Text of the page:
While badging delays have contributed to understaffing at airport concessions, the security office itself is coping with its own problems of understaffing. It has worked to fill vacant positions and has requested additional temporary positions.
To get a worker badged, most of the work falls on the airport. “Then it goes to TSA and FBI, at which point it’s just a waiting game until they get back to you,” said Jeffrey Price, an aviation security expert and professor at Metropolitan State University of Denver, who trains airports on security procedures and published a textbook on airport security.
If any arrest information comes up in background checks, “the airport then has to go through that list and determine if any of the things on there are crimes that could disqualify them from getting a badge,” Price said. “It takes a while. … Someone has to literally, physically look and read those reports.”
He said dozens of different classifications also affect the process, and each badge has coding for which doors it will open, depending on the worker.
“It’s the volume of people getting pushed through, and there’s only so many hours in a day to look at the paperwork,” Price said. “It’s a more complex problem than people think.”
Commute Is Just The Start
Next year, the airport plans to extend the hours of its security office with the help of temporary staff. It also plans to enroll more employees in an FBI program known as "Rap Back," which allows the Transportation Security Administration to do recurrent fingerprint-based criminal vetting of airport employees instead of having to re-fingerprint them every two years.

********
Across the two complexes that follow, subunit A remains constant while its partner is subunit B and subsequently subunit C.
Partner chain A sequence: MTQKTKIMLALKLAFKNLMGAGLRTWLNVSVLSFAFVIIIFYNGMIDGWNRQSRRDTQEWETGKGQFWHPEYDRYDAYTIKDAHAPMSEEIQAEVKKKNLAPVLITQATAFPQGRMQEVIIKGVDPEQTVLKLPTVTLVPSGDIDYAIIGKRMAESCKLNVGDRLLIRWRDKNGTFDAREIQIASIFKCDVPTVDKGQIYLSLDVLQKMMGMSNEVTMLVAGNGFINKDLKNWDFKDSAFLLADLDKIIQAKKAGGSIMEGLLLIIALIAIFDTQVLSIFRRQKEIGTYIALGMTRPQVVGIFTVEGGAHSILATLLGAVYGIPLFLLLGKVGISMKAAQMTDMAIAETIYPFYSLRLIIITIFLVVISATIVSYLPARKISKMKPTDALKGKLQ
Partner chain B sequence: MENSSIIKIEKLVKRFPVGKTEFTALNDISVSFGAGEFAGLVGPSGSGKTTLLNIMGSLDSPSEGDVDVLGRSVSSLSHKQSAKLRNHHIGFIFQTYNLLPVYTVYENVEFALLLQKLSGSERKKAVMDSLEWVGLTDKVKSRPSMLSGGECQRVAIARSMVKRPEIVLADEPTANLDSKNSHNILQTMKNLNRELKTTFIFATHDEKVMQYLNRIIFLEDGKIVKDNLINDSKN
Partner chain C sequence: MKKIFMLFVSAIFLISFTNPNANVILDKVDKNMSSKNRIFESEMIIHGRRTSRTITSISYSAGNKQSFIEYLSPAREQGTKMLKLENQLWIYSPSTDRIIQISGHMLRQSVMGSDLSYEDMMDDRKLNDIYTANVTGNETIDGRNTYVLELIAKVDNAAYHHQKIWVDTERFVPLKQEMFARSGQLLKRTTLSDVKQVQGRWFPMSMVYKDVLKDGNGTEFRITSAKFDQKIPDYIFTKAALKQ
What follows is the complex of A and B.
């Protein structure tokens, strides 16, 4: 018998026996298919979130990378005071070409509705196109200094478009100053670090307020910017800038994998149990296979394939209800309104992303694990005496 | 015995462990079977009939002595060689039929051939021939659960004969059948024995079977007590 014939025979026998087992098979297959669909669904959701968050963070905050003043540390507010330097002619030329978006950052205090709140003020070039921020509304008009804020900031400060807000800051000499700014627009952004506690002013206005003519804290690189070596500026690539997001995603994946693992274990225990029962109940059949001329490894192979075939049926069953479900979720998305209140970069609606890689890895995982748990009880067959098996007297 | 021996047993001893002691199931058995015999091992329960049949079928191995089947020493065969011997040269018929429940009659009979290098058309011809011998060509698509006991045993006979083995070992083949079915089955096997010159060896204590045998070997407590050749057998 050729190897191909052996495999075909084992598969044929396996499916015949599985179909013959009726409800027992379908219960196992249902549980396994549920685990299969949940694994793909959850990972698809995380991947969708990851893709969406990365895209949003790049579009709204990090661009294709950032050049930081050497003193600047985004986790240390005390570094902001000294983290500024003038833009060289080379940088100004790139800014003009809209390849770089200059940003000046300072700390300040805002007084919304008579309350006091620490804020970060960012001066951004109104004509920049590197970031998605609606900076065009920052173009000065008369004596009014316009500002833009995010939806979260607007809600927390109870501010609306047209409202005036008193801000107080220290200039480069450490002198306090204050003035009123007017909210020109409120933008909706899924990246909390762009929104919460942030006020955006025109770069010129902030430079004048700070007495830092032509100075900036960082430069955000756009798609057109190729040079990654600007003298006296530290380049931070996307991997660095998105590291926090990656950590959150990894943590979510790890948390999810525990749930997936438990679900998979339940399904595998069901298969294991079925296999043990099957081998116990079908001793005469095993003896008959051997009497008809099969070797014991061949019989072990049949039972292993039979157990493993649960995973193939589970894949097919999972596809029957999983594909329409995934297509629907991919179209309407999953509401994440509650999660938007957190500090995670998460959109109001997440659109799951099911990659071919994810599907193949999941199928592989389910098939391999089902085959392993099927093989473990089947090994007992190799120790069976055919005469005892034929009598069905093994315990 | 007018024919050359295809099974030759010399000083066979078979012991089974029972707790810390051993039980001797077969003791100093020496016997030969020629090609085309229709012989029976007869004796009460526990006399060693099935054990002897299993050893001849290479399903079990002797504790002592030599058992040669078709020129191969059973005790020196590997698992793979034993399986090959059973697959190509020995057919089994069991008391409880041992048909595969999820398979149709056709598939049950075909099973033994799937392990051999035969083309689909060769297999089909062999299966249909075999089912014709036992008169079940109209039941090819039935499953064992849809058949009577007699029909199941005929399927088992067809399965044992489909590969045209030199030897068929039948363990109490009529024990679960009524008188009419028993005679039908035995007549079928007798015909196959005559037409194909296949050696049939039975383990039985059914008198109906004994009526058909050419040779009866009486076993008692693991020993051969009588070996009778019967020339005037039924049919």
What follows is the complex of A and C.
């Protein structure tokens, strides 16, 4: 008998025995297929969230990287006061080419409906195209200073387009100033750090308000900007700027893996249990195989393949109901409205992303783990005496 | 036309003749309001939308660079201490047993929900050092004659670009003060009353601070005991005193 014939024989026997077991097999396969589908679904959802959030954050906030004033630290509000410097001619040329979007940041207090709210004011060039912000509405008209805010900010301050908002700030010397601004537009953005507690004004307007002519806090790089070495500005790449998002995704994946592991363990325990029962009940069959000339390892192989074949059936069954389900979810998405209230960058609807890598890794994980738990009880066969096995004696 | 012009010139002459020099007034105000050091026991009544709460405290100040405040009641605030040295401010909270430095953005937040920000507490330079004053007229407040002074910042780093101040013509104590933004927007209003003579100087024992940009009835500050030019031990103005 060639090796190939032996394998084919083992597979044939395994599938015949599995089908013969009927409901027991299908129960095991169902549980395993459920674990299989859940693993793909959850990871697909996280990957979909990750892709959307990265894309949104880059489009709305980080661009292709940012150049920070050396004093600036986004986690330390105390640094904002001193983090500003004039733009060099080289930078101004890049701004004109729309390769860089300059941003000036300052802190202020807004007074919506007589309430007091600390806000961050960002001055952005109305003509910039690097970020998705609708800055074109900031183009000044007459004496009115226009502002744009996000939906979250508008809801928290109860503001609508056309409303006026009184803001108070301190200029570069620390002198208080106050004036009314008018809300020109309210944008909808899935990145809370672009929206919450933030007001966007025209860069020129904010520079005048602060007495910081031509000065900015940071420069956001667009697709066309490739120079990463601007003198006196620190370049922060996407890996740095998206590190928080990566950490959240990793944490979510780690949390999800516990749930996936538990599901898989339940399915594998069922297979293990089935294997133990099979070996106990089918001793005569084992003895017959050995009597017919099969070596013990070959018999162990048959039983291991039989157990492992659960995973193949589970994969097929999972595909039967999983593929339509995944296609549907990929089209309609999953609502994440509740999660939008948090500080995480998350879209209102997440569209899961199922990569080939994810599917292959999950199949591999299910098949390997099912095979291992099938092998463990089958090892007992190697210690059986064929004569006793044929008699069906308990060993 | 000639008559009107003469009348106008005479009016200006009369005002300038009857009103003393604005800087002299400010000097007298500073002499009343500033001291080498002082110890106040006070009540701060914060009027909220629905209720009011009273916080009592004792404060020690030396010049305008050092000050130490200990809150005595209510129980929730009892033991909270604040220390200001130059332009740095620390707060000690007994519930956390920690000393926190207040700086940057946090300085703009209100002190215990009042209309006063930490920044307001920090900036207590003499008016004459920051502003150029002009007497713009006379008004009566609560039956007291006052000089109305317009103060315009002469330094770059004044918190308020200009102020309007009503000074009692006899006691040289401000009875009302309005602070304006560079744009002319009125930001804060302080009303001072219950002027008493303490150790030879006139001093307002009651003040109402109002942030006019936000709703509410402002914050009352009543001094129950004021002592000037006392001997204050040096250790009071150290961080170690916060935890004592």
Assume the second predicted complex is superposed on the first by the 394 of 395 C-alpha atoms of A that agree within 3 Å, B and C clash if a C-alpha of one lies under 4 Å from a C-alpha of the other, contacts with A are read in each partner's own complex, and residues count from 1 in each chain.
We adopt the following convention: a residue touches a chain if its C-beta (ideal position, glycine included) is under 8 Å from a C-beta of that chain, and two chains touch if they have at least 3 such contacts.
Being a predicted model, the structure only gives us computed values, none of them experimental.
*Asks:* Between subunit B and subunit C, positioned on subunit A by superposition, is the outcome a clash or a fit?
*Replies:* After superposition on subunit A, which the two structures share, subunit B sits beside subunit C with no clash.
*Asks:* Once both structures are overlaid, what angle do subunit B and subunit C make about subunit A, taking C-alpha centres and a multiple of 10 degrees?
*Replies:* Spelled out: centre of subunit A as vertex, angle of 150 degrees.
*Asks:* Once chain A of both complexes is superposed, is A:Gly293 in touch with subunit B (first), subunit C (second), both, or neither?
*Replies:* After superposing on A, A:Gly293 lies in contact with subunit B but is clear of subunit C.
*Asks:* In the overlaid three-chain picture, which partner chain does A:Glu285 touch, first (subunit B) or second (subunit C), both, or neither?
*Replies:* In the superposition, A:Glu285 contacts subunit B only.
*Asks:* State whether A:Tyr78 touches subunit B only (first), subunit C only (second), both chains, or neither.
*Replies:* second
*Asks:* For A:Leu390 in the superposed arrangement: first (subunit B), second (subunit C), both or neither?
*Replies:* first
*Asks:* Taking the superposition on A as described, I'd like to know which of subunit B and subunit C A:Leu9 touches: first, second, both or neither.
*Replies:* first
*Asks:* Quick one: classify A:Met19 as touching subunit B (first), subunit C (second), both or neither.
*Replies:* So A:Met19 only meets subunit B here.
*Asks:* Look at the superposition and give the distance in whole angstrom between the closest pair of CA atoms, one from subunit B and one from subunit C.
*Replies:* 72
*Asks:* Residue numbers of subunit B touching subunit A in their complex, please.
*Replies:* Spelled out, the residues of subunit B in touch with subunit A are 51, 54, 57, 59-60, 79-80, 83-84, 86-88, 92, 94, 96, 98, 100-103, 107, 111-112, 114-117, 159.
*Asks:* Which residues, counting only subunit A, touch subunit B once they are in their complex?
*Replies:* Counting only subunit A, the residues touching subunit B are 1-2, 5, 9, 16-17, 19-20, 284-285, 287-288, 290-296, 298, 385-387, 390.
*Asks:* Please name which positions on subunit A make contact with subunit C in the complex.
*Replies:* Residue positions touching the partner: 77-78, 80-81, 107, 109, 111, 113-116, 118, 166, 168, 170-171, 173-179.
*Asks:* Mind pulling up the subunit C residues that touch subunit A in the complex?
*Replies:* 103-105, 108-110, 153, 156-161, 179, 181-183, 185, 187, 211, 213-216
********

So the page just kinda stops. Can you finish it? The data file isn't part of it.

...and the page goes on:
Meanwhile, for workers, the airport security process not only subjects them to an intensive badging procedure, it also inflates how long it takes them to get to their job site following their commute.
"You're burning more time in your day," Price said. "You may have to go to an employee parking lot, then go on an employee bus. Some of these people have to go through screening to get to work."
Post-commute, it can add another 30 to 40 minutes a day to the journey, Price said. Some airport concession and contractor employees decide that for negligibly lower pay, they’d rather take a job elsewhere that’s less of a hassle.
Business reporter Kelly Yamanouchi covers airlines and the airport including Atlanta-based Delta Air Lines, one of the world's largest carriers, and Hartsfield-Jackson, the world's busiest airport. She has covered airlines for about 20 years, graduated from Harvard and has a master's degree from Northwestern.